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Danish intelligence agency: Terrorists not among refugees

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Danish intelligence agency: Terrorists not among refugees
(L-R) Acting PET head Finn Andersen, Justice Minister Søren Pind and National Police Chief Jens Henrik Højbjerg held a joint press conference on the refugee situation in Denmark. Photo: Simon Skipper/
08:45 CEST+02:00
The Danish Security and Intelligence Service (PET) has said that there is little risk that terrorists are among the refugees and migrants currently entering Denmark.
Finn Andersen, the acting head of PET, used a Tuesday press conference to dampen fears that terrorists could be sneaking in to Denmark disguised as refugees. 
 
“Based on the intelligence we have, we don't believe that organized militant groups will use human smugglers or refugee routes in an attempt to get terrorists into Denmark – simply because the route is not desirable,” Andersen said at a joint press conference with Justice Minister Søren Pind and the head of the Danish National Police (Rigspolitiet) Jens Henrik Højbjerg. 
 
The fear that militants are among the refugees currently entering Europe in record numbers has been an oft-repeated theme in online forums and the terror group Isis has also claimed to have sent thousands of militants into Europe disguised as refugees.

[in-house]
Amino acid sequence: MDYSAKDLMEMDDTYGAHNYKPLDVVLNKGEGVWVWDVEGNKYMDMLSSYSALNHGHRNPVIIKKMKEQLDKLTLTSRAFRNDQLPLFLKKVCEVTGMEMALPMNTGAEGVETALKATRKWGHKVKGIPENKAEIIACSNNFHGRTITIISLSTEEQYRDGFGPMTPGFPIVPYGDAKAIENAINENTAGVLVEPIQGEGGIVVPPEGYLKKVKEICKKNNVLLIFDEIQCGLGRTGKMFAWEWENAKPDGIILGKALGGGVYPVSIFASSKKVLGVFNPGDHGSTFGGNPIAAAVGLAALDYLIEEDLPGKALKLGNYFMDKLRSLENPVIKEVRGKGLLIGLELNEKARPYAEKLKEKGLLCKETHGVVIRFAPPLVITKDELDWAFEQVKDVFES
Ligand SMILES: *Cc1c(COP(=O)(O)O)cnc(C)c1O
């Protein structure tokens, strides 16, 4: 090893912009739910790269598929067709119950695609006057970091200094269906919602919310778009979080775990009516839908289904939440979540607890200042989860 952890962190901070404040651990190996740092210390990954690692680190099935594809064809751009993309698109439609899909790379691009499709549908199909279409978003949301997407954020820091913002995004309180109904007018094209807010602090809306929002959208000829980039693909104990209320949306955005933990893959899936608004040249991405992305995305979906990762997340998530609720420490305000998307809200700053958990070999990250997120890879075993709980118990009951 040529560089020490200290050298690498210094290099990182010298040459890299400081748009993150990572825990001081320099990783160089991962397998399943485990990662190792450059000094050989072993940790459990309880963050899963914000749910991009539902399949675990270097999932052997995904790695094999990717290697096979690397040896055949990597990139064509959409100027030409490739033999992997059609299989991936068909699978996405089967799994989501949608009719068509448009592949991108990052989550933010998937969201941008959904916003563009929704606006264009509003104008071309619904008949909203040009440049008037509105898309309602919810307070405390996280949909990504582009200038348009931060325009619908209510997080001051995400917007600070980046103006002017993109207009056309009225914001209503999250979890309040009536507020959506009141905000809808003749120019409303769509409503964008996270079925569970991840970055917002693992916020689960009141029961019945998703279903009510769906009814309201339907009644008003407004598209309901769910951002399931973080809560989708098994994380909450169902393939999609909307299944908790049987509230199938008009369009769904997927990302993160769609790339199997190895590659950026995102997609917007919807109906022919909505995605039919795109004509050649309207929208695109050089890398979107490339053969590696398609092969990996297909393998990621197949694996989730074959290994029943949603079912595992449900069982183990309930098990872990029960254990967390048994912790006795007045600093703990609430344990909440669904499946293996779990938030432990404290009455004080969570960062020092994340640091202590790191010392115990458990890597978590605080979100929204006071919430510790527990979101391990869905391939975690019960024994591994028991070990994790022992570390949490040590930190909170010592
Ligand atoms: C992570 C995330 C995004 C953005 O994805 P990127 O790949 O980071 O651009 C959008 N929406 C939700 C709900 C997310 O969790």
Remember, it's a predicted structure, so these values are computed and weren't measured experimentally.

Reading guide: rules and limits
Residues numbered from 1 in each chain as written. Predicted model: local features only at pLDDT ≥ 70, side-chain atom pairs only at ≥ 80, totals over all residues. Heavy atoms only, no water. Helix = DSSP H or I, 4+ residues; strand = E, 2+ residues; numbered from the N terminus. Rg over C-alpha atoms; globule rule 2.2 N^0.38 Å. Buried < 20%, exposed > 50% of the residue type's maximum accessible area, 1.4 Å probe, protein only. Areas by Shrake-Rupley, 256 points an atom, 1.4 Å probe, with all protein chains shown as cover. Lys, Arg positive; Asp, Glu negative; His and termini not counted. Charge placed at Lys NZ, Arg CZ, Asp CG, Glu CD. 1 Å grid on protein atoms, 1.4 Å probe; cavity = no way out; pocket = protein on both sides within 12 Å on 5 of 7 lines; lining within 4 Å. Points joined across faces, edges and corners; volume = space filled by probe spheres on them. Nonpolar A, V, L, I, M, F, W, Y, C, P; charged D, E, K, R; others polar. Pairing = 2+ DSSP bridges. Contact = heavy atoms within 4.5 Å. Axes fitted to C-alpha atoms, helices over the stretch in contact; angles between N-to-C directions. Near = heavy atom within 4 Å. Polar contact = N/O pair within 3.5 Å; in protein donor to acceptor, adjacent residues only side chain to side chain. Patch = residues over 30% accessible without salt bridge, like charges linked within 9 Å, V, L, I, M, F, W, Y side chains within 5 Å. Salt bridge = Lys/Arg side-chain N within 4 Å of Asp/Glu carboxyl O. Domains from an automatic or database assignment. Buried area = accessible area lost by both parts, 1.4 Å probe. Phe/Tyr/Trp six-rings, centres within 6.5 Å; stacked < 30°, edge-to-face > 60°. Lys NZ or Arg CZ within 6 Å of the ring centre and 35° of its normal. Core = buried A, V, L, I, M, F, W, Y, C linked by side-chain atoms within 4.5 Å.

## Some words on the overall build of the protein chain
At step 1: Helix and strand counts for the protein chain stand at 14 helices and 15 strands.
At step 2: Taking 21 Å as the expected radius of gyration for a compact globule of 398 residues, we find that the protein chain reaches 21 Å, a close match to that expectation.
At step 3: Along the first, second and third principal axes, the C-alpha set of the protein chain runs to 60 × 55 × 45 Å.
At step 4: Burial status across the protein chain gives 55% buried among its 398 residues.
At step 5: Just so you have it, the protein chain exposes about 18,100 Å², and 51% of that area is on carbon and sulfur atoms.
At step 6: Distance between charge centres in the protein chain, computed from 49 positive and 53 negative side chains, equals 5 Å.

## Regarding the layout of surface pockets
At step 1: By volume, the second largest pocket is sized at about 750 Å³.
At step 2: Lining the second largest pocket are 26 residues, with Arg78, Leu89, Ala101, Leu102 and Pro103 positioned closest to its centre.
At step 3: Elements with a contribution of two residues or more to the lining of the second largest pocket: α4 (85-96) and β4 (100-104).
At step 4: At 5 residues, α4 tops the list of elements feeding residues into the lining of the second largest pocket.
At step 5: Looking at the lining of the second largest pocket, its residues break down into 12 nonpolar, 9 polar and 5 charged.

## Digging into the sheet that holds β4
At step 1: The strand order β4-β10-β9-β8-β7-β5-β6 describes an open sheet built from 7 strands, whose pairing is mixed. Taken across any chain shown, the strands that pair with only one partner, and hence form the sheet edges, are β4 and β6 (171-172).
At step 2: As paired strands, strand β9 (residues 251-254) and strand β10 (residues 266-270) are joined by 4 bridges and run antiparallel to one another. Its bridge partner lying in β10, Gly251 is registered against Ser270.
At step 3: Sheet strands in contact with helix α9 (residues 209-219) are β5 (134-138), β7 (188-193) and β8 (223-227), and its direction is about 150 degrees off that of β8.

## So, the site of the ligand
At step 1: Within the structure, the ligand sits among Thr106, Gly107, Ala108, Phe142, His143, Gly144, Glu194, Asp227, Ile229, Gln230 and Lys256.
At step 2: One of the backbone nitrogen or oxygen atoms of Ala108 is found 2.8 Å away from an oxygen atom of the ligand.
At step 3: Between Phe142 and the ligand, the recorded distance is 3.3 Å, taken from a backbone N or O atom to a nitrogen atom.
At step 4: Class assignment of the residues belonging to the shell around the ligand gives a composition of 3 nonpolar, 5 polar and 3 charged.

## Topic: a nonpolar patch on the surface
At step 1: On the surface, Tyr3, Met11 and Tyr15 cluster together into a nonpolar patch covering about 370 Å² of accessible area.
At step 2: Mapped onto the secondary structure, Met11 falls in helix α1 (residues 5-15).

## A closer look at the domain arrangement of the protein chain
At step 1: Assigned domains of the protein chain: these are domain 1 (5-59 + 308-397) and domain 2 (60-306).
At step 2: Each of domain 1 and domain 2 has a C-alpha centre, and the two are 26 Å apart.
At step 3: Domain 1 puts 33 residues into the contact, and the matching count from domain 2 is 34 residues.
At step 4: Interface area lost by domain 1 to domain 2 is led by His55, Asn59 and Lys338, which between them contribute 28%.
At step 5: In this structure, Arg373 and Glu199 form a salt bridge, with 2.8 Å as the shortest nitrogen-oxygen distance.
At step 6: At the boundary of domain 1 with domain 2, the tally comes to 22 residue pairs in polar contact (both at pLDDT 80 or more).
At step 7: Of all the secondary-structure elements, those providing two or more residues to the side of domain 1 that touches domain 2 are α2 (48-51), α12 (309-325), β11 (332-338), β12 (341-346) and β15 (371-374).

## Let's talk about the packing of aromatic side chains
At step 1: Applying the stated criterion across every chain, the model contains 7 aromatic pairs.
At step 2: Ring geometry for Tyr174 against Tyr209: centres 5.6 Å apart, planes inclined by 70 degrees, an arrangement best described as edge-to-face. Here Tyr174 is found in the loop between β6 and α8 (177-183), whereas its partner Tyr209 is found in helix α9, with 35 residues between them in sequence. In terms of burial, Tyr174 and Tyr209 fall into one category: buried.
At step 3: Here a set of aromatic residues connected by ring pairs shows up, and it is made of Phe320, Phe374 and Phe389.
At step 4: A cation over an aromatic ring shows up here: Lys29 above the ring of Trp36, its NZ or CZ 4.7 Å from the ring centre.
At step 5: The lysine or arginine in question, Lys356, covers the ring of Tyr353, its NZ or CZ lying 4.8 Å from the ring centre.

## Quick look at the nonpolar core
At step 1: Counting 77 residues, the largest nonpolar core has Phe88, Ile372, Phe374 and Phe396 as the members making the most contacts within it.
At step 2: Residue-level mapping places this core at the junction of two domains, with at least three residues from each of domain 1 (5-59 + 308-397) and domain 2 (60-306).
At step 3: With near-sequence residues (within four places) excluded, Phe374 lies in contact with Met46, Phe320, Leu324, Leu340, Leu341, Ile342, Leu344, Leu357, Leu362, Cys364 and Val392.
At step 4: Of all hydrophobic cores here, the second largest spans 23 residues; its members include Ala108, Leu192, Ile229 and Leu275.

But PET said that its intelligence points to Isis's claims as “misdirection” and that the majority of the refugees and migrants are actually fleeing from militant Islamic movements and therefore unlikely to have sympathy for Isis or similar groups. 
 
“But it of course cannot be rejected that among the refugees will be individuals who sympathize with Islamic propaganda,” Andersen added. 
 
Pind used the Tuesday press conference to accuse the media for overstating the refugee situation in Denmark, where some 12,400 refugees have entered since September 6th. 
 
“Today there is order and security in the entire country. Also in the borer areas. Look out the windows yourself and stop watching so much TV2 News,” the justice minister said. 
 
Of the estimated 12,400 refugees who have entered Denmark in the past 17 days, only around 1,500 have sought asylum. The others have continued their journeys on to Sweden, Norway and Finland. 
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